First Man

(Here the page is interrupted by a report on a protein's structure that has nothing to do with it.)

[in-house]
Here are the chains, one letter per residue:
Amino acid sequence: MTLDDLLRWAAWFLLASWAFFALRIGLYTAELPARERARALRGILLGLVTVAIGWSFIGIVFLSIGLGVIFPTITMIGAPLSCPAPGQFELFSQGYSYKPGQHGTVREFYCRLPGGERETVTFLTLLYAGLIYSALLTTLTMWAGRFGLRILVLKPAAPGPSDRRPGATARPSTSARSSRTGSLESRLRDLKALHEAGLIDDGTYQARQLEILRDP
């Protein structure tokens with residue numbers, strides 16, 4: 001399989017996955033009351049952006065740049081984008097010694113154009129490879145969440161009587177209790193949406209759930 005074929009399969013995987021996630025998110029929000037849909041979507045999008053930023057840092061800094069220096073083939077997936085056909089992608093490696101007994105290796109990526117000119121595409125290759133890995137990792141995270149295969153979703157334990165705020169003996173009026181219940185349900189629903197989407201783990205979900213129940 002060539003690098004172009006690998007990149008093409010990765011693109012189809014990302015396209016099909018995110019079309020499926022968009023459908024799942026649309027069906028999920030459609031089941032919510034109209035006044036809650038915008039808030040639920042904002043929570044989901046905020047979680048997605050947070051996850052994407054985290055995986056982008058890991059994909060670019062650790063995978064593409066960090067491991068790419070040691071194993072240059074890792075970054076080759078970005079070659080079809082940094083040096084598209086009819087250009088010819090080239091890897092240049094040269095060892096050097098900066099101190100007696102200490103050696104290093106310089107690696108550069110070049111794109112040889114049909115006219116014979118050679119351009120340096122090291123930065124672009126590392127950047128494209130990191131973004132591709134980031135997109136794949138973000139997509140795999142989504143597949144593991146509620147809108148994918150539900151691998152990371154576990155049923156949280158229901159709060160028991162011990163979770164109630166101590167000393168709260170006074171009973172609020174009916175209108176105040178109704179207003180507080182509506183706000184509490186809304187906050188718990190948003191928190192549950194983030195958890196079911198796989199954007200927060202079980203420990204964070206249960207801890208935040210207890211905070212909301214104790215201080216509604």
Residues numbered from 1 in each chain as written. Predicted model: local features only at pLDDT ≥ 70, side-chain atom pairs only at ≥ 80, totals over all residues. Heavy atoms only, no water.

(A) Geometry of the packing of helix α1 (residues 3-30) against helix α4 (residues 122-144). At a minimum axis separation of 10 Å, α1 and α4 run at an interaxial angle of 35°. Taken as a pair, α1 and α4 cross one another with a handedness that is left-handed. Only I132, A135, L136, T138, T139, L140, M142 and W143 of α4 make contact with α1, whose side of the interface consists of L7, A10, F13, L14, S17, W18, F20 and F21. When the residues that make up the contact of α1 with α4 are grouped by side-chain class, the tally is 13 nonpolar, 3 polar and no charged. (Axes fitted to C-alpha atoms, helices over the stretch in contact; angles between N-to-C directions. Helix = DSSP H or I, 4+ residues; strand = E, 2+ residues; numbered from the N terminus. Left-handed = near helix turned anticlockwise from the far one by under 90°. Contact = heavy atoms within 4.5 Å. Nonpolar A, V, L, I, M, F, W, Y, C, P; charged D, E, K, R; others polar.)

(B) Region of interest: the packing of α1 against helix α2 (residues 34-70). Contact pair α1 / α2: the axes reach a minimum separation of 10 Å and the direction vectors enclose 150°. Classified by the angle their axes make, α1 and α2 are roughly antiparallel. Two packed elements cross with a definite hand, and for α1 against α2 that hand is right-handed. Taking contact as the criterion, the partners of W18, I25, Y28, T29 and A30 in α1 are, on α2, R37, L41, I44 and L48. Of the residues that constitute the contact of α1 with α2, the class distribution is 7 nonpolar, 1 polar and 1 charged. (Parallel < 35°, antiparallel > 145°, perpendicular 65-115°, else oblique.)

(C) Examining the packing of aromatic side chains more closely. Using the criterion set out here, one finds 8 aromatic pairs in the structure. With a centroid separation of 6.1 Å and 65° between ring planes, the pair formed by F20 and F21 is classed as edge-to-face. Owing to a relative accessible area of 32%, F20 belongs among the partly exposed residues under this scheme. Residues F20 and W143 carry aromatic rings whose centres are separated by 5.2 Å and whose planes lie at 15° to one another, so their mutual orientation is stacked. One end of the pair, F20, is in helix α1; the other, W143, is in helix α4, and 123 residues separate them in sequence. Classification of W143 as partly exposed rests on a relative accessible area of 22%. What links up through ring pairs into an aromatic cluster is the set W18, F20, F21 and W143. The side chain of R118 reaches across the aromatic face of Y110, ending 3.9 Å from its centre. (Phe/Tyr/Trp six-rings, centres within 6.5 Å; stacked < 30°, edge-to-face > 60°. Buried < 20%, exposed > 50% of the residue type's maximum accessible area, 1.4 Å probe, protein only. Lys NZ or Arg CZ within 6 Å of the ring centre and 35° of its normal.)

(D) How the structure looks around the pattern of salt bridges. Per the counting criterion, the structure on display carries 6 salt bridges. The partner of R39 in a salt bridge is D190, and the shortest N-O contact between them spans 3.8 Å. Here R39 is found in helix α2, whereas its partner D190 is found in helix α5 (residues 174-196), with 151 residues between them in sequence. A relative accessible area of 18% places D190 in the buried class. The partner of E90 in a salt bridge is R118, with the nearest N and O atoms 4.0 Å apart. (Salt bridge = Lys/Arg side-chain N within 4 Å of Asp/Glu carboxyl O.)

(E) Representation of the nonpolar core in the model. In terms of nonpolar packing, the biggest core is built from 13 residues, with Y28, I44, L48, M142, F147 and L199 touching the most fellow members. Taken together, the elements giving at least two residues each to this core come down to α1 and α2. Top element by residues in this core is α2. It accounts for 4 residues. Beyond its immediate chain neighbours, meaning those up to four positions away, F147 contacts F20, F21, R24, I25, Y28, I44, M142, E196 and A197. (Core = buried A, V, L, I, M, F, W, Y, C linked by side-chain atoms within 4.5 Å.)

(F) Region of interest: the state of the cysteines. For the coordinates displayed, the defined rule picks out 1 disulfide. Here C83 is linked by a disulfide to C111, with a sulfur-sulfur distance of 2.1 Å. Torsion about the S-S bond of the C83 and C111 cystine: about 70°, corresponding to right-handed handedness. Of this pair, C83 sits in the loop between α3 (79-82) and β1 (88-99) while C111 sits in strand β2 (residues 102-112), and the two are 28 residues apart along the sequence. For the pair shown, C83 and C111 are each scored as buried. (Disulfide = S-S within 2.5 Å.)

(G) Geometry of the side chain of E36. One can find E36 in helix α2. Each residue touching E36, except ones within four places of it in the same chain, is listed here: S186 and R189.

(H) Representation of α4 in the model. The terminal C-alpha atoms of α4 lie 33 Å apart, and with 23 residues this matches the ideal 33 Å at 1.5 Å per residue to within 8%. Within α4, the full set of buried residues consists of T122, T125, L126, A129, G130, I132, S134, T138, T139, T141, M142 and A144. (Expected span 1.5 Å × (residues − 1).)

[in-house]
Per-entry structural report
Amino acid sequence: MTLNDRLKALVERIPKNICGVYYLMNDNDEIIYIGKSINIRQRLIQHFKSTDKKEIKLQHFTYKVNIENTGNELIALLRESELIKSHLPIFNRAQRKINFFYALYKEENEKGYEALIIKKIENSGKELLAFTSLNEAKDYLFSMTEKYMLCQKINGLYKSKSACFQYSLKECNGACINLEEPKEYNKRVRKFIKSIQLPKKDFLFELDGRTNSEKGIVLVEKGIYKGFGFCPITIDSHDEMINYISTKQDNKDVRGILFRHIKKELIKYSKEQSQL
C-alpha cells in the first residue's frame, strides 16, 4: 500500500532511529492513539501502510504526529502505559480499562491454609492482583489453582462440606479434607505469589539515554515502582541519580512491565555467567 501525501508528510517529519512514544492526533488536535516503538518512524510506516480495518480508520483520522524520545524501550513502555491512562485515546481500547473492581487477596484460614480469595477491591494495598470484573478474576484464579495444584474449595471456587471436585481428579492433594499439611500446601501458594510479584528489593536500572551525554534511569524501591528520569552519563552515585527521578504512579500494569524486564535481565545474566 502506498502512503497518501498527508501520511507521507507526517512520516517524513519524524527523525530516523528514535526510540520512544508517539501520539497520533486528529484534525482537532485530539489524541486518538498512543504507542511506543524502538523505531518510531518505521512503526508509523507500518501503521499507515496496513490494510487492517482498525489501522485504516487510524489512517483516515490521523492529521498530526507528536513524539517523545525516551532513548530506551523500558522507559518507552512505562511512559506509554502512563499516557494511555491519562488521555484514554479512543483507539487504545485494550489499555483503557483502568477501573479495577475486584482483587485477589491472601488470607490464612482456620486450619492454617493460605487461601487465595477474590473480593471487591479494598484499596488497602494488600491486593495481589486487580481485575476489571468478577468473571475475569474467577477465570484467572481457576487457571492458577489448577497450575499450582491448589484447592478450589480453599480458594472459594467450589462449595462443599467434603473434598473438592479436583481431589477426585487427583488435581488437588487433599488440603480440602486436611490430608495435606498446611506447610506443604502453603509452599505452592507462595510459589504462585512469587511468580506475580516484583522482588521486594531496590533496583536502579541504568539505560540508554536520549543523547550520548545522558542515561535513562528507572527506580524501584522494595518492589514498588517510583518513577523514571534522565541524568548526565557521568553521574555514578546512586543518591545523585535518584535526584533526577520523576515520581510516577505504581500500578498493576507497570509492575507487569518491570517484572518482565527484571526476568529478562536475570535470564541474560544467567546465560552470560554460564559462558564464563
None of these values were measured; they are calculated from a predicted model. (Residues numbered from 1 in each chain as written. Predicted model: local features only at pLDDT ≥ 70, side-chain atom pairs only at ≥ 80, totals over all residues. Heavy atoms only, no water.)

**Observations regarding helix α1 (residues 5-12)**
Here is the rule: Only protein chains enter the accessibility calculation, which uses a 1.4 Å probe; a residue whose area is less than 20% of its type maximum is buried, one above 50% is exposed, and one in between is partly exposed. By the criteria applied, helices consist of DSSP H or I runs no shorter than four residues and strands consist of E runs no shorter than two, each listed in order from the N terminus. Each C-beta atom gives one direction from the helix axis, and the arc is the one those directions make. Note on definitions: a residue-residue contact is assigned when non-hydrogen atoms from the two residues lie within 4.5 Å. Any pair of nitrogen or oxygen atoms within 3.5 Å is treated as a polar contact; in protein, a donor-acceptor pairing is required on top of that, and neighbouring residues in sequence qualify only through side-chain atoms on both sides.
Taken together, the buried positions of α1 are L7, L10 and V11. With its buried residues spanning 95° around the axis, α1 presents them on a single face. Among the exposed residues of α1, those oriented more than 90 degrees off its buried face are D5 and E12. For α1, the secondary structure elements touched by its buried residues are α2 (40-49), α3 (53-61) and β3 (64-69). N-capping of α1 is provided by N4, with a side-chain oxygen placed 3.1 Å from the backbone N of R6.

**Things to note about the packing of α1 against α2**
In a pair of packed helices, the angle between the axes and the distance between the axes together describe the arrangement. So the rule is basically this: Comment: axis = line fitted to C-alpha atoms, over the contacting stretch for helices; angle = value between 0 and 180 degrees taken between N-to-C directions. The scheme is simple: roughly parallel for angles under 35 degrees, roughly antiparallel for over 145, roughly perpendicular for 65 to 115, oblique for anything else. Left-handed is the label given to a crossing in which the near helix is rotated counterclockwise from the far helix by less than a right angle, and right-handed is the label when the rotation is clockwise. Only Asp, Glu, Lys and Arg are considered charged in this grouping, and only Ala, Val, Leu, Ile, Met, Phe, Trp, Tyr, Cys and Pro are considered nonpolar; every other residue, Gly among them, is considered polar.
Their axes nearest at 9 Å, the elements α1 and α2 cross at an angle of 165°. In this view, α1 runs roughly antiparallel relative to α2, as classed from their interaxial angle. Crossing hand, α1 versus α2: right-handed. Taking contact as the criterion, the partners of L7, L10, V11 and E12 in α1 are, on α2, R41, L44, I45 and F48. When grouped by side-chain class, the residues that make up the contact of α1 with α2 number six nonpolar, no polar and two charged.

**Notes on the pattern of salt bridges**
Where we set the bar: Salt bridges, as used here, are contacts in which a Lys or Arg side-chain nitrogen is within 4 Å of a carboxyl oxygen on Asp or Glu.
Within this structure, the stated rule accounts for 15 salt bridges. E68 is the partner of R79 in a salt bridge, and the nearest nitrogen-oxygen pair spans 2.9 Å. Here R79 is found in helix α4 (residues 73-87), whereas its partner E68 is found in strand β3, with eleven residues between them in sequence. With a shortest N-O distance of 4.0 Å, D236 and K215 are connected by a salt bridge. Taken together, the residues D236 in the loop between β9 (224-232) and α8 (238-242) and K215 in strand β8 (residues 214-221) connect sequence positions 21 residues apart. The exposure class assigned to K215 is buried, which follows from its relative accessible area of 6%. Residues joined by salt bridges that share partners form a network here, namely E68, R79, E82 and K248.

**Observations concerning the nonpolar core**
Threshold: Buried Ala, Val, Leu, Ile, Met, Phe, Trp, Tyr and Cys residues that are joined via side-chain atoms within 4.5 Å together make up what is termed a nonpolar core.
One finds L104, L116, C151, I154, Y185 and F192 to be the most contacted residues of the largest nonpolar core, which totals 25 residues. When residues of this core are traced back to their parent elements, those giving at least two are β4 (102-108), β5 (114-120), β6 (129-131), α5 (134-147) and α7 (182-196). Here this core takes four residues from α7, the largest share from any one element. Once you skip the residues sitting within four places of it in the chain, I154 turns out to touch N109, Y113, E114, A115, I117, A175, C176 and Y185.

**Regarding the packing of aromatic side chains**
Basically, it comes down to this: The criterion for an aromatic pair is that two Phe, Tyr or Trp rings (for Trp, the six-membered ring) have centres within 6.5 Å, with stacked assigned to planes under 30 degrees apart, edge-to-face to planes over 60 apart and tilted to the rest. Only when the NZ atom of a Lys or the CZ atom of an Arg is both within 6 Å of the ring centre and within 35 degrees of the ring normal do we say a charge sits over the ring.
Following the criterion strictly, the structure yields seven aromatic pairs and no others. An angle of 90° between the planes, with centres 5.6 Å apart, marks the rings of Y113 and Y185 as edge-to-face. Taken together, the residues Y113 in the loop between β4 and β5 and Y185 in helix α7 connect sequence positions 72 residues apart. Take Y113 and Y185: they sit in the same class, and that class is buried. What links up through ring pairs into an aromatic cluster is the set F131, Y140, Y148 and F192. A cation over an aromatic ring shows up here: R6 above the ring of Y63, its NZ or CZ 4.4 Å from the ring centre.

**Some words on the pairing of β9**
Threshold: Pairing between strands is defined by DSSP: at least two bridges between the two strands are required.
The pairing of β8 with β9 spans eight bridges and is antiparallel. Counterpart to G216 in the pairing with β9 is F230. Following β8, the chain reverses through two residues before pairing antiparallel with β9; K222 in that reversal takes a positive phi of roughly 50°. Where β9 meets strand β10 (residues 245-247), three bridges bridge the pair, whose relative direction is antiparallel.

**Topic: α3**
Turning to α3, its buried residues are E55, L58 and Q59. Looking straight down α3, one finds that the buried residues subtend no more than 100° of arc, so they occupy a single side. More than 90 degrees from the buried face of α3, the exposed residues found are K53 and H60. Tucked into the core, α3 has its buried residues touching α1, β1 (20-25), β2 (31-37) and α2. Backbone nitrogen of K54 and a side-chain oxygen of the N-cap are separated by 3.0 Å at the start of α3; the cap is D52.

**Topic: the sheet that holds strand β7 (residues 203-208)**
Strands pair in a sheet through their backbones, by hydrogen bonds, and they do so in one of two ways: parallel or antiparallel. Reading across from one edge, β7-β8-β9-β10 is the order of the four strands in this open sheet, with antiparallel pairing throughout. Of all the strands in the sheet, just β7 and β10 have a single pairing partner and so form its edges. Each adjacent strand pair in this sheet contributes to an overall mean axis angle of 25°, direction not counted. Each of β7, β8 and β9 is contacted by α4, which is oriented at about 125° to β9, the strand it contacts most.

Directed by Damien Chazelle who is best known for 2014’s Whiplash and 2017’s La La Land for which he won the Academy Award for Best Director, First Man is a terrific biographical movie that explores the personal side of Neil Armstrong and the Apollo 11 mission and is anchored by excellent acting performances and dramatic cinematography. We first meet Neil Armstrong, played by Golden Globe winner Ryan Gosling, in 1961 as he is attempting an extremely dangerous test flight at Edwards Air Force Base where he is a military test pilot. At the time, he and his wife Janet, played by Golden Globe winner Claire Foy, are struggling with the sickness of their young daughter Karen who is undergoing treatment for cancer; her memory will later serve throughout the film as a sort of metaphor for the personal life of Armstrong as he becomes world-famous for being the first man on the moon. Eventually, he is accepted to the NASA astronaut program and becomes one of the astronauts in Project Gemini, the space program that would lead into the Apollo missions with the goal of a lunar landing. Living in Houston in 1965, he develops close friendships with fellow astronauts, especially his neighbor Ed White, played by talented actor Jason Clarke, and his wife befriends the other astronaut wives who also have young children. While much of the film focuses on the more personal aspects of Armstrong and his family coping with his hazardous job, the filmmaker does an excellent job of recreating the very tense rocket launches in which the slightest problem could be catastrophic for Armstrong and the other astronauts aboard. Leading up to the climax of the film, Armstrong learns from NASA’s Chief of the Astronaut Office Deke Slayton, played by Emmy Award winner Kyle Chandler, that he will be the commander on Apollo 11, the mission selected for the first landing on the moon, and will be joined by the often lighthearted Buzz Aldrin, played by Cory Stoll best known for his role in the Netflix series House of Cards, and the Command Module Pilot Michael Collins. Before he is selected for the historic mission, tragedy strikes NASA on January 27, 1967 when a fire during a routine test for Apollo 1 engulfs the capsule resulting in the death of three astronauts, including Armstrong’s close friend Ed White and one of the original astronauts Gus Grissom, played by Shea Whigham best known for his role in the HBO series Boardwalk Empire. The final scenes of the movie revolve around the actual mission of Apollo 11, complete with the dramatic takeoff, four-day flight to the moon, undocking the Lunar Module, and finally landing on the moon’s surface on July 20, 1969 with hundreds of millions of people watching around the world. After becoming the first human to touch the moon, Armstrong’s immortal moon walk is portrayed as a much more introspective personal look into his life and what led up to such a historical event for all of mankind. He makes a touching tribute to his beloved daughter Karen, which helps bring the movie back to the beginning as he begins to lose his child to cancer. Overall, I found it to be one of the more memorable movies that effectively takes a quite different and more emotional approach to the space movie genre, that was elevated by the talented performances given by Ryan Gosling and Claire Foy, and kept the audience on the edge of their seats during the magnificent spaceflight sequences. The film must now be included in the historical space movie canon, joining the likes of The Right Stuff and Apollo 13 with each contributing a different aspect to the story of humans in space. For instance, the seminal 1983 movie The Right Stuff provided more of a historical background by showing Chuck Yeager breaking the sound barrier and the early efforts of the Mercury program that ultimately led the United States to the moon. On the other hand, the 1995 Ron Howard movie Apollo 13 was much more of a thriller in which the characters must figure out a way to survive after a catastrophic failure and focuses more on the actual mission.

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